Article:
I read that stars show both absorption and emission lines. While how we see absorption lines is clear to me, I don't understand how (and when) we see the emission lines. Based on what I read in several of your threads such as Why don't absorption and emission lines cancel out in our Sun? we should not be seeing emission lines at all, since all the emissions would come from the hotter interior but those can't reach the outside (unless I misunderstood this point), and the only emission we see is blackbody radiation. But then how do we see the few emission lines such as in the spectrum shown here?


2 Answers 2


Light emitted in the interior of a star is largely thermalized by the time it works its way out, and will have a black body spectrum.

The interesting parts of the spectrum is due to molecules and atoms in the corona: the "atmosphere" of the star.

Any gas that is ionized or at least excited to something above the ground state will produce an emission spectrum. Practically all the gas in the first several tens of thousand miles above the star's "surface" will be ionized and emitting light at a high rate, producing emission lines. Consistent with the link you provided, a molecule (or atom) will absorb light only if the light frequency matches an available energy transition in the molecule. If the molecule is already excited above the bottom level of that transition, the transition is not available. However, as long as there is cooler gas at high levels in the stellar atmosphere, there will be absorption lines.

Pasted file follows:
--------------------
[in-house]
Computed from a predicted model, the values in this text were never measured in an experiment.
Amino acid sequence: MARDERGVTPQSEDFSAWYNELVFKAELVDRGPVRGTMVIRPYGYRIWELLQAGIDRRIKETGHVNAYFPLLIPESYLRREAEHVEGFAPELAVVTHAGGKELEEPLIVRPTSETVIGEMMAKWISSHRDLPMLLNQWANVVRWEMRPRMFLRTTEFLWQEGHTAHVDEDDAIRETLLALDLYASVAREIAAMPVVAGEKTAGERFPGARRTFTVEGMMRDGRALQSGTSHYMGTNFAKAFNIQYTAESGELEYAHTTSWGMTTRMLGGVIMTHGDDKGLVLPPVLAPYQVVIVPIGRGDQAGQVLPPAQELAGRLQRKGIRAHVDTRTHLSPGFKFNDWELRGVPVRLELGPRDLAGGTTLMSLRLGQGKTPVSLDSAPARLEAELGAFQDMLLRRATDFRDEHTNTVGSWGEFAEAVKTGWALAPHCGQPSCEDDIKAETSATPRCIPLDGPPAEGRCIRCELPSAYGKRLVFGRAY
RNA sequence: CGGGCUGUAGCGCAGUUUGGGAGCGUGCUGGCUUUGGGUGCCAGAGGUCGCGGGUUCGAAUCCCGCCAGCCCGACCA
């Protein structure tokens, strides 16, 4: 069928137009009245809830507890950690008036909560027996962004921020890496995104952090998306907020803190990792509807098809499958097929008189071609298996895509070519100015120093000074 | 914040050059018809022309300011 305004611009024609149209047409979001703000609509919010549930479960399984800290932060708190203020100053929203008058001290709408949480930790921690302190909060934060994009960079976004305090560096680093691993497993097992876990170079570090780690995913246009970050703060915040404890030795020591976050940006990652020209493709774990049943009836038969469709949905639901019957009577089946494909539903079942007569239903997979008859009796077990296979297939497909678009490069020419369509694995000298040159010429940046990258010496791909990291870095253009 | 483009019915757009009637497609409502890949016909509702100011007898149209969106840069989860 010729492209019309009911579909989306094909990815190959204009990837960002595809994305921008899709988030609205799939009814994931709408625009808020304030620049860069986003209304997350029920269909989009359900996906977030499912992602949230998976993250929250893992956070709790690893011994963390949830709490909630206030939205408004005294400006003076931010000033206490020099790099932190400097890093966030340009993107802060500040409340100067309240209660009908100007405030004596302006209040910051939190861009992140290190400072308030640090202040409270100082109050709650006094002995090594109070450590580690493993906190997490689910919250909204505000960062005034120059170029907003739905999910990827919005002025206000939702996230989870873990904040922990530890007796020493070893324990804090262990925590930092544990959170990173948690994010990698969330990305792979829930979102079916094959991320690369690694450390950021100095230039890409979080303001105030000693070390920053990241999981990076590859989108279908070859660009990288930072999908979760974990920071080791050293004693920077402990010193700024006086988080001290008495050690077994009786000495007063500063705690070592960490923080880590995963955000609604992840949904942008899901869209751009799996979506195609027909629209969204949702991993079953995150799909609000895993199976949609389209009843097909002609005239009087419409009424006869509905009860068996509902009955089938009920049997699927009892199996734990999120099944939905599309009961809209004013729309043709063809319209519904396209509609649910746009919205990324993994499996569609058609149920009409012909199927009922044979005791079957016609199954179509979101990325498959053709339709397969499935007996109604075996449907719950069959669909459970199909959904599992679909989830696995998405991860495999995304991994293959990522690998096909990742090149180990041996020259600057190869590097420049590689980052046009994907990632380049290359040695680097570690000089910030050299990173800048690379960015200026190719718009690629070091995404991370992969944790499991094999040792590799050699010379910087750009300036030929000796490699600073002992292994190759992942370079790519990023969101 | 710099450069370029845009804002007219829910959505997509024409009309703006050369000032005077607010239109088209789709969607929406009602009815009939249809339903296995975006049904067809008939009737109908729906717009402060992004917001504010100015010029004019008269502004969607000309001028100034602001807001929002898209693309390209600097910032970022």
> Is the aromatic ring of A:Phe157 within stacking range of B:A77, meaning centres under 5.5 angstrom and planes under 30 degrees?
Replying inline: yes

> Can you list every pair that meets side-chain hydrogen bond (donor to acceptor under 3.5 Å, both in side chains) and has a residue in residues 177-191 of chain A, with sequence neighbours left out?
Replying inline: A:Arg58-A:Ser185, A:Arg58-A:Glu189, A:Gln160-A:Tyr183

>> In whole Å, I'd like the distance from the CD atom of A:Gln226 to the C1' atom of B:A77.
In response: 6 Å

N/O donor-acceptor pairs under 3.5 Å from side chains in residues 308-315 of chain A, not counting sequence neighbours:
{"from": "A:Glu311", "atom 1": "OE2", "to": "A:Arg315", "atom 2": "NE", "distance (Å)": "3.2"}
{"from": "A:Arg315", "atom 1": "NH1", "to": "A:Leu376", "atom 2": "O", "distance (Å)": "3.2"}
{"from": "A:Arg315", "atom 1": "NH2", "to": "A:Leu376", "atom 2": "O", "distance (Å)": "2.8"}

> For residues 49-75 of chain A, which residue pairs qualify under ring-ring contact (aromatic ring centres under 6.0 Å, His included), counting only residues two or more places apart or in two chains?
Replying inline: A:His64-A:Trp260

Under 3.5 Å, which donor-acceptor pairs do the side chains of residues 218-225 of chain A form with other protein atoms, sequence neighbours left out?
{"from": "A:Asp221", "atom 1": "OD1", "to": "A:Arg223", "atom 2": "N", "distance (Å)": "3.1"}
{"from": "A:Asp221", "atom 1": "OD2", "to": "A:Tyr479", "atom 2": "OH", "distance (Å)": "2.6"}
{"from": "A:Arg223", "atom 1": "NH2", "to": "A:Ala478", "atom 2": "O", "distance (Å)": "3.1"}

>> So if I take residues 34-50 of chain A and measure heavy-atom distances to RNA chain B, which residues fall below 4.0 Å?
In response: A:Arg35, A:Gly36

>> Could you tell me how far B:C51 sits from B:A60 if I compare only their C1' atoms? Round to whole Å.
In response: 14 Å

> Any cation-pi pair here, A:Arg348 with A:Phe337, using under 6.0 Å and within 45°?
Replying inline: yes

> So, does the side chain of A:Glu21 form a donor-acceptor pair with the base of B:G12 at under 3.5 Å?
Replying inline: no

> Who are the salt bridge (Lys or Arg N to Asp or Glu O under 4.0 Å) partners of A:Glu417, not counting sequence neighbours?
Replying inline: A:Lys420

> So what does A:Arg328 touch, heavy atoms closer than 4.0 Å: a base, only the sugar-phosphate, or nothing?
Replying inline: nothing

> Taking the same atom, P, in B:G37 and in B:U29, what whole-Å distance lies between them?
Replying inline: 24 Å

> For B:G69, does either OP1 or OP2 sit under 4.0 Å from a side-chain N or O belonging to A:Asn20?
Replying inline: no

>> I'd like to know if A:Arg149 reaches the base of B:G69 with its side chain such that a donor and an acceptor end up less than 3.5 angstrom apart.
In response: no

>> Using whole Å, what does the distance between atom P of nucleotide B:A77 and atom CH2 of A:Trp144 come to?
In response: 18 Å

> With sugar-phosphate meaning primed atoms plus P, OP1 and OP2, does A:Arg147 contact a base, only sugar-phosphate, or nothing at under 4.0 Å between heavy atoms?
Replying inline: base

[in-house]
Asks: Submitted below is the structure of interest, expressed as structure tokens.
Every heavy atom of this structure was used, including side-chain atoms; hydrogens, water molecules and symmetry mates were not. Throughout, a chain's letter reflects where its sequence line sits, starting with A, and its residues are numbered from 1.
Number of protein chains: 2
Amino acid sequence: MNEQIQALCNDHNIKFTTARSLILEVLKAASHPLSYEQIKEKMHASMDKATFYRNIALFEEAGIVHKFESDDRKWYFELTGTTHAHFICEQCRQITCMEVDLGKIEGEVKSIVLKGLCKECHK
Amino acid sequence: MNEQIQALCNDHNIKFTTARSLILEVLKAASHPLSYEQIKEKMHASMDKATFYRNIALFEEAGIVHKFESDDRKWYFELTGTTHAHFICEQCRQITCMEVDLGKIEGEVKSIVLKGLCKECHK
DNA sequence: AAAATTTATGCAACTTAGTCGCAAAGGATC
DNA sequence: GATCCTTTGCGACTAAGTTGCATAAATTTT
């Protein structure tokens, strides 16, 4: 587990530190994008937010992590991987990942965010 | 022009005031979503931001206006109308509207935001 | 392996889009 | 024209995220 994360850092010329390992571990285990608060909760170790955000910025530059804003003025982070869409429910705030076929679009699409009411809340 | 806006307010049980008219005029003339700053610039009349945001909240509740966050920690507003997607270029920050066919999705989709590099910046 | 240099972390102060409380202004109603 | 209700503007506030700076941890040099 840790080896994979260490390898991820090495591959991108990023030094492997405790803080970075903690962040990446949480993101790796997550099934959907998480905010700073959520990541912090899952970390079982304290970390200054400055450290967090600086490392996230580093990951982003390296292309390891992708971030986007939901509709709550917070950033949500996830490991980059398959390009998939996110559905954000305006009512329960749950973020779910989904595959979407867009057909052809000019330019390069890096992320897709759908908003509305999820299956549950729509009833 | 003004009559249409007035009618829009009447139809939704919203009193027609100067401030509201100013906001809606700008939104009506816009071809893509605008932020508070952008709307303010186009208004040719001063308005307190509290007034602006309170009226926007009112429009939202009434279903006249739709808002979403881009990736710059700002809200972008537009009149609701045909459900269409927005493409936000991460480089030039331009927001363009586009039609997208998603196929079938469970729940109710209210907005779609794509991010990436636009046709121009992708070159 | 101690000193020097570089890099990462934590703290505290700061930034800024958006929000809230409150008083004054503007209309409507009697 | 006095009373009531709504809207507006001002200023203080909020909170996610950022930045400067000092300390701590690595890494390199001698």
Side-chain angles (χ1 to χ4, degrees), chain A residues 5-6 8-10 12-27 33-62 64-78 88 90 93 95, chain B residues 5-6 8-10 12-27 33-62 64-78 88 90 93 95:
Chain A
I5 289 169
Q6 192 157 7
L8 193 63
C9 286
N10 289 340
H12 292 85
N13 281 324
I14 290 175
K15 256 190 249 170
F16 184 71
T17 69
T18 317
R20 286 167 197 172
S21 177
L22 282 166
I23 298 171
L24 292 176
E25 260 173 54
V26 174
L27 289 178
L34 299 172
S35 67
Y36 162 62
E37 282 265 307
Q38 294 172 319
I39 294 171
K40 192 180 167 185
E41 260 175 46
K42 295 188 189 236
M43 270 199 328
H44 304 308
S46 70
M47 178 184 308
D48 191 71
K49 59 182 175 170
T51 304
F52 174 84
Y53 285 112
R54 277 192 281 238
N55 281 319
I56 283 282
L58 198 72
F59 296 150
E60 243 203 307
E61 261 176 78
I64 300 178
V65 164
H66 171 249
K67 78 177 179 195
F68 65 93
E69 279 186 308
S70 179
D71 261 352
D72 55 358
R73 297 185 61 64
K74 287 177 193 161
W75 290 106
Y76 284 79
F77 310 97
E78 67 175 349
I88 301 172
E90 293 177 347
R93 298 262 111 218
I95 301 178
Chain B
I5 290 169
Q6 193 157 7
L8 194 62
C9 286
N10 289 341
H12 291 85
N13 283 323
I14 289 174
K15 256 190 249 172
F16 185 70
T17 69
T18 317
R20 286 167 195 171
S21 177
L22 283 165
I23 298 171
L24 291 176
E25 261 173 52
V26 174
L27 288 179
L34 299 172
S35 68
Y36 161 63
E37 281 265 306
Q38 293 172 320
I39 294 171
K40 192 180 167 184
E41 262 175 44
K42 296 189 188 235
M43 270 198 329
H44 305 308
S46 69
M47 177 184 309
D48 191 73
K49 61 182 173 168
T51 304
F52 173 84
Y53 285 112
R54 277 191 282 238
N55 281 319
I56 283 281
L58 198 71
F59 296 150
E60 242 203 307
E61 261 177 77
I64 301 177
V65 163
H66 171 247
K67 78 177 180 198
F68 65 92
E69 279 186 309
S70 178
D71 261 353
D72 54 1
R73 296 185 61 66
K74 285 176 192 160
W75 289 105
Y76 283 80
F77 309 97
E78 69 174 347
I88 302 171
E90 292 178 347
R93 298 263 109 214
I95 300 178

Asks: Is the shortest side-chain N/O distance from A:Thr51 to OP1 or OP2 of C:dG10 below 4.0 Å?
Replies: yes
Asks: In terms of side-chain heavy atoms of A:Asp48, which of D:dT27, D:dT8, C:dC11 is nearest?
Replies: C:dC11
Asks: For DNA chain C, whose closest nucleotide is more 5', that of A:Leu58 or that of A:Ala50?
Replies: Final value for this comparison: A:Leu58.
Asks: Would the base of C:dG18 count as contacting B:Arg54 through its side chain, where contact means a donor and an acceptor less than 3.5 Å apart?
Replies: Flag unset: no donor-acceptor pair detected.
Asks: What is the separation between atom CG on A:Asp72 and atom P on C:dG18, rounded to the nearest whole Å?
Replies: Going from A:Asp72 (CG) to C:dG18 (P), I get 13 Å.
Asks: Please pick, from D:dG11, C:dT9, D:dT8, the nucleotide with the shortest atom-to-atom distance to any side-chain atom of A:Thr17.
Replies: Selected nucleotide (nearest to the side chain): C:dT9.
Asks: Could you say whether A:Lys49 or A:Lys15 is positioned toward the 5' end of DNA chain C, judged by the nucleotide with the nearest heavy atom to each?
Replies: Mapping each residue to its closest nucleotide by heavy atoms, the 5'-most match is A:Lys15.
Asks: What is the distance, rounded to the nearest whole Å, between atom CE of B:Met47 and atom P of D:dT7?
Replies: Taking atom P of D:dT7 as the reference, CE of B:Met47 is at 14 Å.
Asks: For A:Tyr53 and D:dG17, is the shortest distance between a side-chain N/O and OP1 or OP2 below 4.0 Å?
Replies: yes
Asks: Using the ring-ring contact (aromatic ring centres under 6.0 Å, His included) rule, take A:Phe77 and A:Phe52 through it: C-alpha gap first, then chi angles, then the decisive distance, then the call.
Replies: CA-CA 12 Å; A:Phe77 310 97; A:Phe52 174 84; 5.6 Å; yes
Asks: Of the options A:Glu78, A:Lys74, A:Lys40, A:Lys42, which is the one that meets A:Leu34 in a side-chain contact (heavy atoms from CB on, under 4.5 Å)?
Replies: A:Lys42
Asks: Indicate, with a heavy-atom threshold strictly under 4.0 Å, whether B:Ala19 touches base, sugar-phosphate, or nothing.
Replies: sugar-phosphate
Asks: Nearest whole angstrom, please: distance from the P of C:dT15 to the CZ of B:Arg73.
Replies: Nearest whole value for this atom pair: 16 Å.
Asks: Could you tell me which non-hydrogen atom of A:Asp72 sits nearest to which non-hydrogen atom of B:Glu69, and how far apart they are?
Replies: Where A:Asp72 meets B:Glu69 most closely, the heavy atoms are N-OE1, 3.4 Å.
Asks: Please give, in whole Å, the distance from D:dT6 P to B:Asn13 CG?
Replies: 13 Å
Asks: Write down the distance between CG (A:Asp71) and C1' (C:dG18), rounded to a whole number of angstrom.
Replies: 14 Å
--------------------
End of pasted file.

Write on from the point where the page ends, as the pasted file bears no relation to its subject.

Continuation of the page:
In general, emission lines occur in gases that are optically thin, or in atmospheres that have a temperature inversion (i.e. are hotter closer to the observer).

In an optically thin gas, if excited atoms or ions are radiatively deexcited, then the photons produced can escape to an observer. If continuum absorption/emission is unlikely then this leads to an observed emission line. Examples include most nebulae.

The second case arises because if you have a hot layer on top of a cool layer, then the light we receive from the "photosphere" will come from a hotter layer at the wavelength of a strong radiative transition (closer to the observer) compared with the continuum. As the hotter layer is brighter, we see an emission line. The exact opposite case to the formation of an absorption line, which arises when light at the central wavelength of a transition arises from a higher, cooler layer.

A temperature inversion requires a way of non-radiatively depositing heat in the hotter layer, otherwise radiative diffusion would eliminate it. An example is a stellar chromosphere, which is above and hotter than the photosphere, and heated by magnetic fields. This can produce high temperature emission lines. However, the chromosphere is (a) patchy and (b) thin enough to allow light of most wavelengths through it, so we still view the solar photosphere with its absorption lines, but with the addition of emission lines from the hotter chromosphere.


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